How to: Secure a table

The tables have turned: paving the way to the best seat in the house now takes more than a simple phone reservation.

The rise of the first-come-first-served table availability system has meant that a different approach is required if you really want to bag that coveted position in any of Auckland’s most in-demand spots. So how does one go about ensuring your favourite corner seat is available at whim? Well, it’ll take more than a little intense eye contact and charming repartee before unleashing a fully fledged bout of hands-clasped, knees-to-ground grovelling. We consult some of the town’s most popular dining establishments to gather an arsenal of tips on how to beat the heat.

Go ‘off-peak’
It’s not rocket science but it is a very antipodean thing to want to eat dinner at 7-7.30pm. If you think you can survive without dining at such a bourgeois hour, your chances will improve tenfold. Try either earlier or later to improve your chances, i.e. at 6pm or 9pm.

Be persistent
Those who have come in, put their name down then left shalt be considered your target for all intents and purposes. It’s not a good look to have tables sitting empty and people ready and waiting to use them. If the original party has been called but has not arrived within ten minutes of being notified, try your luck at convincing the floor manager that these tardy folks ought to be given the boot.

Have friends in the right places
Because if you don’t know someone who knows someone in Auckland, you may as well just give up now. All maître d’s are undercover megalomaniacs; if you make them believe in their own power — “our good friend Rachel… you know her? She sent us here and said you were just the best” — they’ll be more inclined to make things happen. Alternatively, if you know the proprietor, dropping his/her name into conversation is a good idea. Even if you only ever met once at a new year party at Stoneyridge in the 90s, most staff will want to play it safe and avoid offending anyone who might report back to the boss.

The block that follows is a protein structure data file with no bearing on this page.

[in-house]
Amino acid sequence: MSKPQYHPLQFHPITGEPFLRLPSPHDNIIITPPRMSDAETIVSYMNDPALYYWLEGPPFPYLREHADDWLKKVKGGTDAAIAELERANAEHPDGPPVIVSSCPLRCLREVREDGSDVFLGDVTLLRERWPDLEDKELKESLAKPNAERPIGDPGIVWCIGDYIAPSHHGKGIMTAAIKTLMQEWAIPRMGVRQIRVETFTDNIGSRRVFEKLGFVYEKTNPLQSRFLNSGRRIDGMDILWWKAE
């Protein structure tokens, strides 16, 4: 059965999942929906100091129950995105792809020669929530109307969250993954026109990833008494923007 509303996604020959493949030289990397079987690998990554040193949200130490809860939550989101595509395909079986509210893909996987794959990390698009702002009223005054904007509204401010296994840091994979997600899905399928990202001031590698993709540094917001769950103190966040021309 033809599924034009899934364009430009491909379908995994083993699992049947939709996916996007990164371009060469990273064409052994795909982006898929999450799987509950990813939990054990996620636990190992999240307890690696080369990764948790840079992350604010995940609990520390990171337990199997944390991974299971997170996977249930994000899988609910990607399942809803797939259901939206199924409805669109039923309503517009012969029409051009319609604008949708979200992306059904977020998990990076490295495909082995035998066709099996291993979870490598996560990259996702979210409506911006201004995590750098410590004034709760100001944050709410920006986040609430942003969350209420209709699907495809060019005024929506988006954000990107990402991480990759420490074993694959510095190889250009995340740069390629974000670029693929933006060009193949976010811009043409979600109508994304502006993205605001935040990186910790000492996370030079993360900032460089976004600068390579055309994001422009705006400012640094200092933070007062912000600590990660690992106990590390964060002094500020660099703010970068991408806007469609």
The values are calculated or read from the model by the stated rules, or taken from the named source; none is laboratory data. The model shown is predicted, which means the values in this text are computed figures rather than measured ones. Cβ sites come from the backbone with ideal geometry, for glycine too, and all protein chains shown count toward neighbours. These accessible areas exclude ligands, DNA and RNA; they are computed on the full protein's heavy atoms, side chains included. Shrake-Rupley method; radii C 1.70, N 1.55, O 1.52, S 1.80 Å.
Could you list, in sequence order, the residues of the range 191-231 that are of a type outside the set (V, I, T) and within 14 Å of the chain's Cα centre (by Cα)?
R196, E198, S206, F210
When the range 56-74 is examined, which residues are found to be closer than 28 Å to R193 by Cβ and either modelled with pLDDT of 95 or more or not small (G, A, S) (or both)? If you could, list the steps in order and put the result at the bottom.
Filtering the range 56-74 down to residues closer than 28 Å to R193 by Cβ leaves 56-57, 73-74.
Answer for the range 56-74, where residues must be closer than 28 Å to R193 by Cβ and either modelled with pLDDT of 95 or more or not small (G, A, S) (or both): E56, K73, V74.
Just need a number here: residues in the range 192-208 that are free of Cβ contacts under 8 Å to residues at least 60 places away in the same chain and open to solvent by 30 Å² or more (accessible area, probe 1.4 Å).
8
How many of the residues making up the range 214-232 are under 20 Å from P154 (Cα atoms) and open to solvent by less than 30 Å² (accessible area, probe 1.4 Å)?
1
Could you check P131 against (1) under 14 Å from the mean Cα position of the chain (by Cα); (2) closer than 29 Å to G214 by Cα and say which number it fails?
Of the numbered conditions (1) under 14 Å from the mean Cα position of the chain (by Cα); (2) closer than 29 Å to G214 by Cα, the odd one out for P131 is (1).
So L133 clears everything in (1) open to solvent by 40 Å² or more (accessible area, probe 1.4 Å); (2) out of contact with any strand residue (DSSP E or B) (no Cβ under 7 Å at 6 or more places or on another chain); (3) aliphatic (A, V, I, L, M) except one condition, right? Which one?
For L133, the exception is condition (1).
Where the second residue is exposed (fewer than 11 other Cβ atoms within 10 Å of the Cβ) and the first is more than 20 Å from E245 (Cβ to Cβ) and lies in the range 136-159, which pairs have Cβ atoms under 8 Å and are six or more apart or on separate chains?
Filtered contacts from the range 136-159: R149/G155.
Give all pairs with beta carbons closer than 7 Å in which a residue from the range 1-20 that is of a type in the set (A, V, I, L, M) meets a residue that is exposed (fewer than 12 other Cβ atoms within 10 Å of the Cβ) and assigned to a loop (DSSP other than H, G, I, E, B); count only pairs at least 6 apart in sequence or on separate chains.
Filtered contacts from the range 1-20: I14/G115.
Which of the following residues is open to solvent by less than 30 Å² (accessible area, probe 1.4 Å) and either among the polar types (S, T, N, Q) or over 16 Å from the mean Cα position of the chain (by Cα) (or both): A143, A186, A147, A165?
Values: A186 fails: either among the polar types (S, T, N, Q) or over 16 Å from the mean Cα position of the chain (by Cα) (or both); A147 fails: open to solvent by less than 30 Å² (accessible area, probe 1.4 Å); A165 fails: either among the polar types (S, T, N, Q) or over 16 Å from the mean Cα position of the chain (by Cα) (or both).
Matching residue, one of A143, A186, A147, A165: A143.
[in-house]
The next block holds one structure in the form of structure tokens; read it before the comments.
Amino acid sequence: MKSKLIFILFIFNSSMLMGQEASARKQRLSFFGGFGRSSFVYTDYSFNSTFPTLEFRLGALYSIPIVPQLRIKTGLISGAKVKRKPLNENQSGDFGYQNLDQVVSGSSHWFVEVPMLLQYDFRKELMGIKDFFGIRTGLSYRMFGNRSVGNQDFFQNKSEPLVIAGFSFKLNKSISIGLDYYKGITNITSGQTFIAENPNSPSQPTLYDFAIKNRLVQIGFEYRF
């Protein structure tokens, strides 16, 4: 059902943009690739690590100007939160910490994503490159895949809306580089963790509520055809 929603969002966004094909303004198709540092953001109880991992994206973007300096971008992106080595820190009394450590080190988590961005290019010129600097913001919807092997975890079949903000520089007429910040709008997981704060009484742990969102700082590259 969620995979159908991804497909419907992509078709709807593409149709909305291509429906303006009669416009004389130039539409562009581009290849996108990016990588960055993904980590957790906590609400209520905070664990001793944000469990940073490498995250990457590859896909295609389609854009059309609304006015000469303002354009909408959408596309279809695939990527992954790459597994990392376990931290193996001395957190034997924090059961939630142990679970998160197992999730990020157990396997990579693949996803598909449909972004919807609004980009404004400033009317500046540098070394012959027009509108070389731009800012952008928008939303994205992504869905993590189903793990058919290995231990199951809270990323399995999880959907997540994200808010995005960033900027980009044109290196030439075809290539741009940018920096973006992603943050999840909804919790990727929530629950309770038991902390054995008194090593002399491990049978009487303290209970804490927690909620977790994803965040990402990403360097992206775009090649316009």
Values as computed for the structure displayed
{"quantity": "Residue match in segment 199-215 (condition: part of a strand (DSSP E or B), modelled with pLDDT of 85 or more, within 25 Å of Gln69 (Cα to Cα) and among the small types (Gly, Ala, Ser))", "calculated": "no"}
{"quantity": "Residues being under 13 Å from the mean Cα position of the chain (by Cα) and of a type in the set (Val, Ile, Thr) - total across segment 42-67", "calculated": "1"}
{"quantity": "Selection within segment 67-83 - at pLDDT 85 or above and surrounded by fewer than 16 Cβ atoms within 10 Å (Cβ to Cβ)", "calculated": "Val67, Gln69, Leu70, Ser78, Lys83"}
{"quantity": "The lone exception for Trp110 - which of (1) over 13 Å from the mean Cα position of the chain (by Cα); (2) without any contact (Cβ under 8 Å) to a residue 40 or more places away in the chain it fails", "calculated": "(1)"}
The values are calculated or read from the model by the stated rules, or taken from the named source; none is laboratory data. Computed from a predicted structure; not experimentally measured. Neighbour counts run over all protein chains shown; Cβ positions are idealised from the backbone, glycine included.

Call and order…
A good bottle of champagne ahead of time. If you’re going to be sipping on Krug all night (or at least you make the manager believe as much), you’ll be surprised at how quickly a table opens up, and a good one at that.

Show loyalty
Elementary perhaps, but if you frequent one restaurant enough to establish a rapport with the staff, you’re more likely to have strings pulled for you in future. Especially if you are known to tip well.

Order yourself a drink (even if they’re slammed)
You’ve been told you’ll be waiting a while but make the commitment anyway. There’s nothing more unnerving to front of house staff than to know that there’s a backlog of customers waiting in the bar. If you show no sign of going away, they’ll simply have no choice but to serve you.


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